London’s Office Market Offers Room to Grow

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At just over 20 per cent, downtown London has one of the highest office vacancy rates in the country. But that number tells only part of the story. While empty space remains a challenge, it also represents an opportunity for startups and blue-chip companies alike to find affordable office space with room to grow.

“Downtown London offers everything from hot desks and co-working spaces to floor plates of up to an acre,” says Downtown London general manager, Janette MacDonald.

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More than 20 per cent of London’s workforce still works downtown, she says, and the city’s booming digital sector is expected to make that number grow.

The most recent Downtown London Market Assessment found that the number of digital creative employees in London has doubled over the past ten years, fueled in part by graduates from Fanshawe College and Western University and numerous downtown incubators.

“The tech sector loves downtown,” says MacDonald. “These companies are attracted to the walkability of the core. They want to be close to our great restaurants, shopping and entertainment.”

With the City of London’s commitment to transforming its main street, Dundas Street, into a flexible street called Dundas Place, downtown London will continue to be the first choice for office users wanting to be in the heart of the action, MacDonald says.

“The next five to ten years are going to be transformational. Dundas Place will be a unique and exciting destination.”

Paul Dugsin of Magnus Associates is looking forward to being part of the change.

Dugsin and his business partner David Brebner purchased the former Loews Theatre and Century Theatre buildings at 192 and 194 Dundas Street in 2010. It took five years of renovations to transform the heritage properties into a mixed retail-office complex that now houses eight executive offices on its second floor.

Available for rent on a monthly basis, the building has provided temporary office space to everyone from web developers and film producers to psychologists, Dugsin says.

The ground floor of the former Century Theatre – with its vaulted ceilings, mirrored walls, and chandeliers – will be available for rent as one of the most unique office spaces in London. The design process is well underway, Dugsin says, and interested parties should step forward.

“We see this space as a place where people can build their own business by having access to very modern and professional space in the heart of downtown,” says Dugsin.

Citi Plaza is another downtown landmark that has forged a new identity. Opened as an urban mega-mall in 1989, it is now a bustling mixed-use facility.

Recent additions to the office component include The City of London, video game development giant Digital Extremes, Intact Insurance, and

PricewaterhouseCoopers. “We are 83 per cent leased at this point,” says Charlie Gobert, a sales representative for Avison Young.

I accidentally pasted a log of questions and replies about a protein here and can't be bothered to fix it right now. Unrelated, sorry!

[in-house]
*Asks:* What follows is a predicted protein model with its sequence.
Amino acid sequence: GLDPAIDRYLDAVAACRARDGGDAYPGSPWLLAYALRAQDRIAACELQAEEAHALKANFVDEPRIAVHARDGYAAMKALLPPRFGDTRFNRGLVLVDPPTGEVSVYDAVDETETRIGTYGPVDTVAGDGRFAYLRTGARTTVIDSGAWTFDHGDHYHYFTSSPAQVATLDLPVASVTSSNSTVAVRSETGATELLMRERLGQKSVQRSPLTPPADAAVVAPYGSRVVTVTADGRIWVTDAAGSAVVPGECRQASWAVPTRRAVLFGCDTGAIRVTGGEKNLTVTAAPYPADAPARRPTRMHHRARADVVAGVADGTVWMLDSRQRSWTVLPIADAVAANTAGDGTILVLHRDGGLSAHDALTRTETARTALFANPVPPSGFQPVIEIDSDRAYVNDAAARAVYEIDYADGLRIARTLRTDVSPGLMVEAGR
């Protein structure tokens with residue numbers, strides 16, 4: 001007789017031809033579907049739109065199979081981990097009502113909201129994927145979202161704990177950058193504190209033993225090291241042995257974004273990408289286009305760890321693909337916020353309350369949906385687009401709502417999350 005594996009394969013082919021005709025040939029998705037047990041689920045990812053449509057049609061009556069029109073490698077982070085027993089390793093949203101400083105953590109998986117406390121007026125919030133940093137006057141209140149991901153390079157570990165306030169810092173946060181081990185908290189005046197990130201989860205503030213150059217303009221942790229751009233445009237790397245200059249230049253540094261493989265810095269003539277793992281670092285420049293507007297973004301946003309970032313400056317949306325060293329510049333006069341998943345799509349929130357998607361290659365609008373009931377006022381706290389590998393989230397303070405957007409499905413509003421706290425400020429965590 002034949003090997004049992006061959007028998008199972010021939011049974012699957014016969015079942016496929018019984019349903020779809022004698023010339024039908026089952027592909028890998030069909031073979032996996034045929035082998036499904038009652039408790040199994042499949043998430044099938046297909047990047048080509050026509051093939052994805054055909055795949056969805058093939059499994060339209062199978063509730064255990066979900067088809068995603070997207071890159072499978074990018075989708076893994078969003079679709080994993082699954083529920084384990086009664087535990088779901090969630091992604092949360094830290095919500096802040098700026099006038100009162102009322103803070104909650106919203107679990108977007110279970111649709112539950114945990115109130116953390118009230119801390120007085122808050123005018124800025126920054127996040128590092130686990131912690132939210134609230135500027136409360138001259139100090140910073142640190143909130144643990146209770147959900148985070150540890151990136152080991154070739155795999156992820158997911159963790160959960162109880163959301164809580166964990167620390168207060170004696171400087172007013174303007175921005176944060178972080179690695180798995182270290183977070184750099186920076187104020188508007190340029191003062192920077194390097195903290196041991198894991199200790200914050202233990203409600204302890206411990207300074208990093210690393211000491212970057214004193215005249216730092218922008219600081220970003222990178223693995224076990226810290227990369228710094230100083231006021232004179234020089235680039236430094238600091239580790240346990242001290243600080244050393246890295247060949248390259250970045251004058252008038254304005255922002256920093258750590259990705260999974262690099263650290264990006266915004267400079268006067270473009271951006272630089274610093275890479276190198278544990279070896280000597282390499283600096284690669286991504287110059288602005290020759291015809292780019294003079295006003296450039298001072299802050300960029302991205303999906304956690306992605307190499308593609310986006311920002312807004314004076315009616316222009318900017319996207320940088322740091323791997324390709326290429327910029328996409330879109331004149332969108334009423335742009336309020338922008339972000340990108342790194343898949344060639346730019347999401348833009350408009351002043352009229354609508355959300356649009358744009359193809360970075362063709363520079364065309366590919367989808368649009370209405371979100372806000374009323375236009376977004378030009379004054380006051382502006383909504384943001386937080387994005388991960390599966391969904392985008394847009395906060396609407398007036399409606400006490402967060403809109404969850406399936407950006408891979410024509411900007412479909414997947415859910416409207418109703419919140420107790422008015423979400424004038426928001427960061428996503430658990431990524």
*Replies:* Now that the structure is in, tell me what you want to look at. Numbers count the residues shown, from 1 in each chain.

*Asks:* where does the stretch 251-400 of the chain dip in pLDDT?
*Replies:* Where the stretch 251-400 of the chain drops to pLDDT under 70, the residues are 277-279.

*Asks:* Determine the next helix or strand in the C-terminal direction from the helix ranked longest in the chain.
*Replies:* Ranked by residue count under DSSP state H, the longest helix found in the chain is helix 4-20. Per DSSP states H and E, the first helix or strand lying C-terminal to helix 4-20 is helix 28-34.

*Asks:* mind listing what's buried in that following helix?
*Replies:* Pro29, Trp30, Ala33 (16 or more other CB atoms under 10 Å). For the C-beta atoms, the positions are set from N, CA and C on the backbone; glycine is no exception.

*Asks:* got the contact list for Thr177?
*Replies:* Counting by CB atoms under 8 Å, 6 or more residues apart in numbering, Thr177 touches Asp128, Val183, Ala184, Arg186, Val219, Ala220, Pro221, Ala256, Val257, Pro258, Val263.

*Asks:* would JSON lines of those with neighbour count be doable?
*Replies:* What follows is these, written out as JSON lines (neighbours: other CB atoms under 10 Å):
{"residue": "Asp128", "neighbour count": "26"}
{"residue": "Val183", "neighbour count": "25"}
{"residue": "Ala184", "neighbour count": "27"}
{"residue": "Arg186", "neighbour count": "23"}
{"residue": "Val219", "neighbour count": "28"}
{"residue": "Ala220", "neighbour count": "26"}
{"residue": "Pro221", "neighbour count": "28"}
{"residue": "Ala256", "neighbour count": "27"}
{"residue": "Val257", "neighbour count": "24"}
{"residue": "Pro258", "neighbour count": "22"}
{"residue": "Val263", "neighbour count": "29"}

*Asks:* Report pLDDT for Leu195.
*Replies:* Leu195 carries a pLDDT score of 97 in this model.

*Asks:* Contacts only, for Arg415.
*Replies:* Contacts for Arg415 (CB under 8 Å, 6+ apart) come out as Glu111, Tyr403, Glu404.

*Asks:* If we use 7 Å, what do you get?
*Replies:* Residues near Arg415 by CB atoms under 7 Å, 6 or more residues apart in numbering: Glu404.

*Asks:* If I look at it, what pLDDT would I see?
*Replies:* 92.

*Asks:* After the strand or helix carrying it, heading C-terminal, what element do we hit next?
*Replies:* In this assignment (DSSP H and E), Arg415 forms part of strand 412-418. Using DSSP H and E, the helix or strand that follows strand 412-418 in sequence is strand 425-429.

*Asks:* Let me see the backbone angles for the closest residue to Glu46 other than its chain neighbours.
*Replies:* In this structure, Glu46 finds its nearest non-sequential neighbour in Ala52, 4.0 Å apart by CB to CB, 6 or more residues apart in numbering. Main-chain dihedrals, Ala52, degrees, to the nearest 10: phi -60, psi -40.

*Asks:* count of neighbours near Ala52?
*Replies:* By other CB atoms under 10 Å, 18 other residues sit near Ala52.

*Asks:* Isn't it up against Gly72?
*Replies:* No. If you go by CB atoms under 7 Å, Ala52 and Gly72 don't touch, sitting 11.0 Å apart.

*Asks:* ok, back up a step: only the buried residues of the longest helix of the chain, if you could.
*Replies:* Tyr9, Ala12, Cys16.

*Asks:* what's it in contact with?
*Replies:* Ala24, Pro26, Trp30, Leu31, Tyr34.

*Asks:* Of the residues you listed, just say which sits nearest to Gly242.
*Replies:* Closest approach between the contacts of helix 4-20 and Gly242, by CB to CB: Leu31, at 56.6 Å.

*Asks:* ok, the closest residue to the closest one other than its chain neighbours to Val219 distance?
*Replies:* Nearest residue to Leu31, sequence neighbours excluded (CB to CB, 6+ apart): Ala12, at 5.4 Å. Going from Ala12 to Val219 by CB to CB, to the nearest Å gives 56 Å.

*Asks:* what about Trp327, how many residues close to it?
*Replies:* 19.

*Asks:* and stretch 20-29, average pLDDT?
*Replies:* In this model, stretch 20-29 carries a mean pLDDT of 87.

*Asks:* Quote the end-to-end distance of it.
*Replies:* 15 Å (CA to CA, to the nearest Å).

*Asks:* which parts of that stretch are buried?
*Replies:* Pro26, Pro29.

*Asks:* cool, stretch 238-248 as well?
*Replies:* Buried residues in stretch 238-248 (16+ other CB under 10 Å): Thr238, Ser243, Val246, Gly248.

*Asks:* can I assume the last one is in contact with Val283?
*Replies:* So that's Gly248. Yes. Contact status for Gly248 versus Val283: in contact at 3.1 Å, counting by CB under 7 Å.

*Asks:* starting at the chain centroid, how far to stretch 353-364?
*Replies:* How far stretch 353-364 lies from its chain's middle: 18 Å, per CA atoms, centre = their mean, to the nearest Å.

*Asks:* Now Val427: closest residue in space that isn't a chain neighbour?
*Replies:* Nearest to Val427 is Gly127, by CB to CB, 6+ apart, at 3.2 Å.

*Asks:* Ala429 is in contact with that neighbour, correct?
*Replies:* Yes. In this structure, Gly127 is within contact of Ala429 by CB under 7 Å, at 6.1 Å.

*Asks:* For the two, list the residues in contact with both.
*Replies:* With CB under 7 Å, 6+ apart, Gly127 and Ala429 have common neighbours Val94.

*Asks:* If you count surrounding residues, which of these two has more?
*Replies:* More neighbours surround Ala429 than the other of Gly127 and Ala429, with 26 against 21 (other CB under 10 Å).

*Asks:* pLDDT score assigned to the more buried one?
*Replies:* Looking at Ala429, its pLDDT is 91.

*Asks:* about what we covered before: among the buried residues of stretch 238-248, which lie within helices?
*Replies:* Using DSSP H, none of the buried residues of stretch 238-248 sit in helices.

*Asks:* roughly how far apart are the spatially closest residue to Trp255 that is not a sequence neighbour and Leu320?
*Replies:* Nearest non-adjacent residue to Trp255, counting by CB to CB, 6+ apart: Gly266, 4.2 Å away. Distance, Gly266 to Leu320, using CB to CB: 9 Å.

The former mall offers a blank canvas where companies can design and build a modern, fun office space that appeals to a younger workforce, Gobert says.

With spaces ranging from 2,500 square feet to 45,000 square feet, Gobert says Citi Plaza provides amenities that may not be found in a more traditional office building. “We have wide hallways and a food court, a gym and movie theatre, as well as the infrastructure and backup systems that allow users to keep running without any interruptions to their business.”

Summit Properties has been leasing office space in London for the past 50 years and still believes in the value of hands-on customer service.

“We are owner occupied,” says Keith McAlister, leasing manager at Summit Properties. “We don’t have to wait to make a decision. If a tenant has an issue, we can deal with it right away.”

Today, the company owns around 750,000 square feet of core and suburban Class A office inventory, including downtown’s Talbot Centre – three glass office towers joined by a shopping mall concourse and underground parking.

The traditional office complex remains a popular choice for many of London’s blue-chip companies, including numerous banks and financial service providers, insurance companies, and law firms. “We are 85 per cent leased, with some spectacular full-floor opportunities,” McAlister says.

Companies enjoy the best of all worlds in downtown London, comments McAlister. The city offers a large selection of office inventory with average gross rents that are $39 psft less than core Toronto for comparable space, easy access to VIA Rail and an international airport, and an enviable quality of life.

“I live in the suburbs and work in the heart of downtown,” he says. “In the summer, I bicycle to work in 20 minutes along the river path. When I drive, it takes five minutes longer.”